Written by Melissa Sharpe
“Not everything is as it appears to be” …
This statement has never seemed more true to me than the society we’re living in right now. I don’t know about you, but I would venture to think for most of us, we are having a hard time processing the news of the world around us. We become so focused on what’s happening in our own little bubbles, we don’t have the head space to process what’s happening to someone else in our own neighbourhood let alone the other side of the world.
The news seems to perpetuate fear to the point where we don’t even feel comfortable around our own families let alone being active in our communities. Our homes which are meant to be our places of refuge have become our prisons. And we can’t control what’s happening to us so we try desperately to control what’s around us. The message we hear every day? Assume nothing so that you don’t get caught unaware or unprepared. How do we lead others when we struggle with our own thoughts and feelings?
But there is one thing that we can assume in this life: and no, it’s not the old saying “death and taxes” though that’s true too, its the secondary definition of the noun assumption as written in Websters Dictionary:
The action of taking on responsibility.
We cannot assume what we think is true just because we think it. We cannot assume something is going to work out the way we want it to just because it may have before. We cannot assume the thoughts or feelings of another person, and we certainly cannot assume someone else will take responsibility for their actions. Have we not all lived through this? Have we not all been affected by the assumptions of another person?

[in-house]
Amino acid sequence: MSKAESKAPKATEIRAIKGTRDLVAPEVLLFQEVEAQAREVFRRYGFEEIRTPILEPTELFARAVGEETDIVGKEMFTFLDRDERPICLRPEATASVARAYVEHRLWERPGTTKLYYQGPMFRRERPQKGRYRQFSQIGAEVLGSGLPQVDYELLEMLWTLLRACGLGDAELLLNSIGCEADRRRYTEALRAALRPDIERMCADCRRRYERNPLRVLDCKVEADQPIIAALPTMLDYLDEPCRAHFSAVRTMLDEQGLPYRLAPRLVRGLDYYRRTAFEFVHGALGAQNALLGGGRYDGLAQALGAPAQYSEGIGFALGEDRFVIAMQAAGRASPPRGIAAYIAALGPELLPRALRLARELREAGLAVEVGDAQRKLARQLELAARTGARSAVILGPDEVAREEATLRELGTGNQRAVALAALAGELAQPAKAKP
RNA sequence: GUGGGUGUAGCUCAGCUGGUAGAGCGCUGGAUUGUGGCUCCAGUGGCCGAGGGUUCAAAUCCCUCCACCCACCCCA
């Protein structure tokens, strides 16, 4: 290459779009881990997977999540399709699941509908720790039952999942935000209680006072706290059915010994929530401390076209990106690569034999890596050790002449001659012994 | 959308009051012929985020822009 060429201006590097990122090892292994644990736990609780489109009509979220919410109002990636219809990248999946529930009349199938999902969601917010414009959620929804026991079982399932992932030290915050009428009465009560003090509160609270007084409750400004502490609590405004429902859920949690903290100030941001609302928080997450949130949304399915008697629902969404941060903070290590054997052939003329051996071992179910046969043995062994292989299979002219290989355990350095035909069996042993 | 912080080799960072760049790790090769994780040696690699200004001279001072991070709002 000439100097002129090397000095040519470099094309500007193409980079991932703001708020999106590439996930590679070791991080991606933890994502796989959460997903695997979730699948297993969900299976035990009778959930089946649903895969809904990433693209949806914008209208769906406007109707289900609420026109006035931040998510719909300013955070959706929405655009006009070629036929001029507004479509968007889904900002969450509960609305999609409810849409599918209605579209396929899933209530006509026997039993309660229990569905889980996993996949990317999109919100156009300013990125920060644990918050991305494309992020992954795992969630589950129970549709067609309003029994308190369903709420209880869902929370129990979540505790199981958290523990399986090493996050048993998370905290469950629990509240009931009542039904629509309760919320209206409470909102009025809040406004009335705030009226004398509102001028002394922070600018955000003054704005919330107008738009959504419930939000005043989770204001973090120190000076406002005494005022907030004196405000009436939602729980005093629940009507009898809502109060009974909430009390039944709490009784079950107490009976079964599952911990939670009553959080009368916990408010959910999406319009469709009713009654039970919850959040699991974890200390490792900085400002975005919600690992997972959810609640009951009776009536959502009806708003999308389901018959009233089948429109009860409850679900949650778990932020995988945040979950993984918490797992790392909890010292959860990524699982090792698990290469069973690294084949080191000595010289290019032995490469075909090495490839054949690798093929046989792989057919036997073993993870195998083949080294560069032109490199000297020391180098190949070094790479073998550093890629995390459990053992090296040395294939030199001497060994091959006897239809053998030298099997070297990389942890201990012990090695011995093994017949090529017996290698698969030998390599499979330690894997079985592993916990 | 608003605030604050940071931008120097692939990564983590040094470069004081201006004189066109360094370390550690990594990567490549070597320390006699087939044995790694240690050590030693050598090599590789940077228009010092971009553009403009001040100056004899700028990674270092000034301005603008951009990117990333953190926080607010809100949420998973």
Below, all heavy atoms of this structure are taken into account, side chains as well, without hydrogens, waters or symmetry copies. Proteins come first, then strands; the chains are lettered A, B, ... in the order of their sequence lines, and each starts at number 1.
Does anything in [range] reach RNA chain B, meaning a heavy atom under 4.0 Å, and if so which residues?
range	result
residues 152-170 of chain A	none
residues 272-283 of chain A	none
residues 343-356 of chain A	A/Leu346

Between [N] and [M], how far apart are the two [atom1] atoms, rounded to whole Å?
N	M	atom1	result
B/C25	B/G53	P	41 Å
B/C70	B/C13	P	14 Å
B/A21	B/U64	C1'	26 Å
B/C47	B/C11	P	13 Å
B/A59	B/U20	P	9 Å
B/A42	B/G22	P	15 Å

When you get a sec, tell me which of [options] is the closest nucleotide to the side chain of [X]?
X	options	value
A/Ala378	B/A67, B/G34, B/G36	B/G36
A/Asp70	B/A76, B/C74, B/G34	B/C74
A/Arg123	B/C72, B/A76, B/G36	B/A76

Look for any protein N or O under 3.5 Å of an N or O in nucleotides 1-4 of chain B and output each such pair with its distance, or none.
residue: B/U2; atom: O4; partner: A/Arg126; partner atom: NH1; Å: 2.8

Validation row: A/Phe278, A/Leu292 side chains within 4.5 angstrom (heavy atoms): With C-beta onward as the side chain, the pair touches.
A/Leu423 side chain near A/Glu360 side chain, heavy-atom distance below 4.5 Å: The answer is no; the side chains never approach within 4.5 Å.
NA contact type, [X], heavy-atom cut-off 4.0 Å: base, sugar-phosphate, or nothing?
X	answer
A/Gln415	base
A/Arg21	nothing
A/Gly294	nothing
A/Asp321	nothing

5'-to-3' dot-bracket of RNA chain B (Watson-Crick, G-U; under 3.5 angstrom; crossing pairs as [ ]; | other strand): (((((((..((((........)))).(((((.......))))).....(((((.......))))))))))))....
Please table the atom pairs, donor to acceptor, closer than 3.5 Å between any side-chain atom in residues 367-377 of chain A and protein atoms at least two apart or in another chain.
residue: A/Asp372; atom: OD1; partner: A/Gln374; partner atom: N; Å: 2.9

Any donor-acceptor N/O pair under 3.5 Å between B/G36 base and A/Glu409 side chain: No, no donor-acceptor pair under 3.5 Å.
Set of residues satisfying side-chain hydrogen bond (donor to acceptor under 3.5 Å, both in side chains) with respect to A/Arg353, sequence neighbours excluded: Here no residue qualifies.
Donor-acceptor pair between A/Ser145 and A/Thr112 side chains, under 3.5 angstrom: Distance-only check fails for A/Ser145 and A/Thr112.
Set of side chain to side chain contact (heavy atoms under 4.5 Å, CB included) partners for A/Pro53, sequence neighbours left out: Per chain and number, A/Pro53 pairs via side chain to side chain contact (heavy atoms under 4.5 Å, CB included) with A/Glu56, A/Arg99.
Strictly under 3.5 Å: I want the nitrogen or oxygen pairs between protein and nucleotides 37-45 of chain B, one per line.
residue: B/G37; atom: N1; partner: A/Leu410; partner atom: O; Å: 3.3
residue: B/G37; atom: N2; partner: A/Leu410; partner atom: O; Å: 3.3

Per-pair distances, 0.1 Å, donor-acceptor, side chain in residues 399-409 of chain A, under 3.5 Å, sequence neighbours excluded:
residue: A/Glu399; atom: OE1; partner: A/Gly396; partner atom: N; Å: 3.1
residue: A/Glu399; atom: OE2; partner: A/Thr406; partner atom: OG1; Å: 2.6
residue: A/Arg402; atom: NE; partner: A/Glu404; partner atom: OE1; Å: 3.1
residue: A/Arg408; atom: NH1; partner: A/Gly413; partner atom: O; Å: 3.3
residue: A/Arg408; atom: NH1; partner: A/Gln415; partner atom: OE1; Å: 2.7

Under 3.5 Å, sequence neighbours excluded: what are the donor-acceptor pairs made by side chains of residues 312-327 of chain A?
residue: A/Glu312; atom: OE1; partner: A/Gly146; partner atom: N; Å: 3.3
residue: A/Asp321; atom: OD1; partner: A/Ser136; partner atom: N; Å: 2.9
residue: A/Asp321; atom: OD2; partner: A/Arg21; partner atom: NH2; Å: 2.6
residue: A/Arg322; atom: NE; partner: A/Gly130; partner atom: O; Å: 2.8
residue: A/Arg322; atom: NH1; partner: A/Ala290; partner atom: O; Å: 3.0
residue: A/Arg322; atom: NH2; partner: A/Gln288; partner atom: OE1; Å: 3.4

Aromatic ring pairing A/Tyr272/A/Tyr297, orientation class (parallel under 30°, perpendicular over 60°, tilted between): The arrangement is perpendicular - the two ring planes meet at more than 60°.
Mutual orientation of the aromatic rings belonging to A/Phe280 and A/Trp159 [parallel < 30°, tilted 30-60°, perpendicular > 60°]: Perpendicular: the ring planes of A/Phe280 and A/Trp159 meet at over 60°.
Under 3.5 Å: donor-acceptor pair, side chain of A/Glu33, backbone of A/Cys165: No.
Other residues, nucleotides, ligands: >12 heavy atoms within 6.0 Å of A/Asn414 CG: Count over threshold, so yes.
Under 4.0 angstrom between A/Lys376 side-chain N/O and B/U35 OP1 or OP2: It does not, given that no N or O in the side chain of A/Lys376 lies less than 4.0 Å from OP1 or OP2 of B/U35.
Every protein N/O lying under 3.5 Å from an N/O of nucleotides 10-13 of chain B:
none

So, if I have learned anything during this time of isolation, it is that not everything is as it appears to be.
The statistics on abuse in North America during the last year are staggering: Children’s Services have been overwhelmed with inquiries and home visits, women’s shelters are overcrowded, homeless shelters, food banks and suicide helplines don’t have enough resources to help. People are crumbling on the inside long before the world can see it on the outside … and sometimes too late because of our assumptions.
Perhaps that’s why we love our bubbles so much. We can shelter and protect ourselves from the pain and problems of the outside world. We find ourselves asking questions that we never thought we’d ask and there never seems to be enough answers let alone any good ones. But a good leader continues to ask hard questions … with hope.
I can’t assume I can do it all on my own for leadership takes on many forms and requires a village around us to hold steadfast to our collective vision.
Maybe that’s where we can find some of the answers we’re looking for. If we can stop assuming “somebody else” will lead and actually be the “somebody else” to help shoulder some of the responsibility of another, then Christ will be there to do the same for us.